The Productivity Commission is arguing for penalty rates to be slashed in a draft report released today.

Their recommendation penalty rates be cut is only one of a raft of reforms proposed by the commission that will radically transform the Australian workplace.

The Commission believes the recent turbulence (decline in resources sector, weakening Aussie dollar, and near flat lining investment) within the Australian economy as factors contributing to their recommendations.

Productivity Commission Chair, Peter Harris said, “Set many years ago to deter weekend work, these rates now just deter weekend services that as a society we increasingly want.

“This is particularly so for the café, hospitality, entertainment, restaurant, and retailing industries.”

Mr Harris argued that working night shifts are far more taxing than working weekends, and yet “the penalty rates are set the other way around.”

He also argued that there was no difference between working on Saturdays and Sundays, so the pay rates should be the same for both (not that he meant raising the penalty rates of Saturday to those of Sunday).

Dave Oliver, from the Australian Council of Trade Unions, was outraged at the proposed changes. He argued that reducing weekend penalty rates was nothing less than forcing a pay cut on thousands of Australians. He threatened to make penalty rates an election issue.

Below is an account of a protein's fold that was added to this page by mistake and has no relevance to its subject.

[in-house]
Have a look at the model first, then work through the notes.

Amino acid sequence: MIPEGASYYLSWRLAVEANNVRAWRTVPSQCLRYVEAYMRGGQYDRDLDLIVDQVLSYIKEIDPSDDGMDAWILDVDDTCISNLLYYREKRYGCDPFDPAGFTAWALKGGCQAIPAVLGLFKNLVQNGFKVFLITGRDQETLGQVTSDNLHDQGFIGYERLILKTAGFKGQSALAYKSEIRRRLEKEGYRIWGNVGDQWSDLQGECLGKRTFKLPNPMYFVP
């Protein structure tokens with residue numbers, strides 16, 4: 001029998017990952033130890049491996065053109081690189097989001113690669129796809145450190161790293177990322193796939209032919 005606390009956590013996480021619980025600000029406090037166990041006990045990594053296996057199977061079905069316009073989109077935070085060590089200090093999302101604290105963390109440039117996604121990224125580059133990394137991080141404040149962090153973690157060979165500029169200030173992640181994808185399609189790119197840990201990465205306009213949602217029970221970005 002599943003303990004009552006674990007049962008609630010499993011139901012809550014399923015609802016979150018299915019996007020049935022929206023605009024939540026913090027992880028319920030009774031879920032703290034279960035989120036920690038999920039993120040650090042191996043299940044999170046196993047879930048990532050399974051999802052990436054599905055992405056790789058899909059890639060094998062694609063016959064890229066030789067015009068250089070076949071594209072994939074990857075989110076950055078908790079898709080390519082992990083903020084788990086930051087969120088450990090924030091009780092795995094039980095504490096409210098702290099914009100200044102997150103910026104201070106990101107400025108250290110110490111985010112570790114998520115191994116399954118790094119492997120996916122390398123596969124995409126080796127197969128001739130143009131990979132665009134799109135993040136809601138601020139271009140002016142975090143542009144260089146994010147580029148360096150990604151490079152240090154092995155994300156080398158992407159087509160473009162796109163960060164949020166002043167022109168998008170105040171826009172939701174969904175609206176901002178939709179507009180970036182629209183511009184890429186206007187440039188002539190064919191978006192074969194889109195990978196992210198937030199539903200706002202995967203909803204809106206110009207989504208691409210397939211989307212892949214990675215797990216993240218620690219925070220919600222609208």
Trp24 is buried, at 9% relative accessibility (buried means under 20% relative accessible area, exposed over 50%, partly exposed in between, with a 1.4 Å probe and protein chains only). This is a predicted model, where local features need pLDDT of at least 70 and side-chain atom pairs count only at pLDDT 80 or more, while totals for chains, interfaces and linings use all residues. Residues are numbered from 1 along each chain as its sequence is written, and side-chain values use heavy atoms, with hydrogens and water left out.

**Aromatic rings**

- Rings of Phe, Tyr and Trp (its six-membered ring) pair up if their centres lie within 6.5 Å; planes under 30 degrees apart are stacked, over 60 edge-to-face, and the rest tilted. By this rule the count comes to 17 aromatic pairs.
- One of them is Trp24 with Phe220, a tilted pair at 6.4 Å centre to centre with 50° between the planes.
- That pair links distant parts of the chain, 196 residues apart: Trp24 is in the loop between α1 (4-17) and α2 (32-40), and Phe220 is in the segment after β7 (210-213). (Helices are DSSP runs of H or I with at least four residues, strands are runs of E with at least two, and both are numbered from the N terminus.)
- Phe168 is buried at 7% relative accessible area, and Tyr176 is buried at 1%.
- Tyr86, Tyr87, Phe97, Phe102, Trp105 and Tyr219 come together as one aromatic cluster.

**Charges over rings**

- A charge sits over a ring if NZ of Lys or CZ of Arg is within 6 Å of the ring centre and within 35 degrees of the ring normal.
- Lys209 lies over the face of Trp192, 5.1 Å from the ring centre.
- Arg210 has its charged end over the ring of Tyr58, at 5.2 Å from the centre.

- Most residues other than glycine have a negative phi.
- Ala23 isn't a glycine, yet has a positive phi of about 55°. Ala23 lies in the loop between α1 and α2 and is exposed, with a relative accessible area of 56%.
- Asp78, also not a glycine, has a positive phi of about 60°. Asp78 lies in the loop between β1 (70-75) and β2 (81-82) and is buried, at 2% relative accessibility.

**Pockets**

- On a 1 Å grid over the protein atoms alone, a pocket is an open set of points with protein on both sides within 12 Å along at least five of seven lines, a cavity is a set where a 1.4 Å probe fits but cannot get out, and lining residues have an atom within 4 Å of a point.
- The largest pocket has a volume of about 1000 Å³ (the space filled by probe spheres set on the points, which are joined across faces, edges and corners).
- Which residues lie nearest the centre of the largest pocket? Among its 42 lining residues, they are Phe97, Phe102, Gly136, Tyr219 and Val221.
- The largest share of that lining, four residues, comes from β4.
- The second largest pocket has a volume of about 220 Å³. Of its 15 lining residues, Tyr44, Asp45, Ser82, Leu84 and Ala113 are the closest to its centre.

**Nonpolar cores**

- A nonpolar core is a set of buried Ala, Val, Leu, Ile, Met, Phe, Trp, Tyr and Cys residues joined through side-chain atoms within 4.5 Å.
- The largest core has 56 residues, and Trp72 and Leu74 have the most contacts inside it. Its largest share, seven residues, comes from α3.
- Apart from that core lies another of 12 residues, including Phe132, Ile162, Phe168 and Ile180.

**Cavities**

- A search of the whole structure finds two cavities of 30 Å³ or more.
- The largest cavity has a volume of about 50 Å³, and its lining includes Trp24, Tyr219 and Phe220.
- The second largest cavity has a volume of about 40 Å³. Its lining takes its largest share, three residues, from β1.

“Unions will fight any move to cut penalty rates, the minimum wage and rights at work,’’ Mr Oliver said.

“If the Abbott Government wants to make rights at work an election issue — bring it on.”

Mr Abbott has already announced his intention to put changes to the current penalty rates to the people at the next election. He believes the current awards are stifling job growth.

Leader of the Opposition, Bill Shorten ridiculed the commission’s report as “A new front in the war against fairness.”



The Australian Retailers Association were rubbing their hands in glee at the announcement. They backed the report by saying the retail industry’s growth must be supported by cuts to penalty rates.

Martin Ferguson, Chairman of Tourism Accommodation Australia, concurred. His industry, he said, was being hamstrung by “unrealistic (penalty rates) which put a dampener on employment.”

Also on the Commission’s hit-list are the current unfair dismissal laws – giving greater power to businesses to sack workers; and changes to enterprise agreements – to address the power imbalance between unions and small business owners; and greater safeguards for migrant workers.

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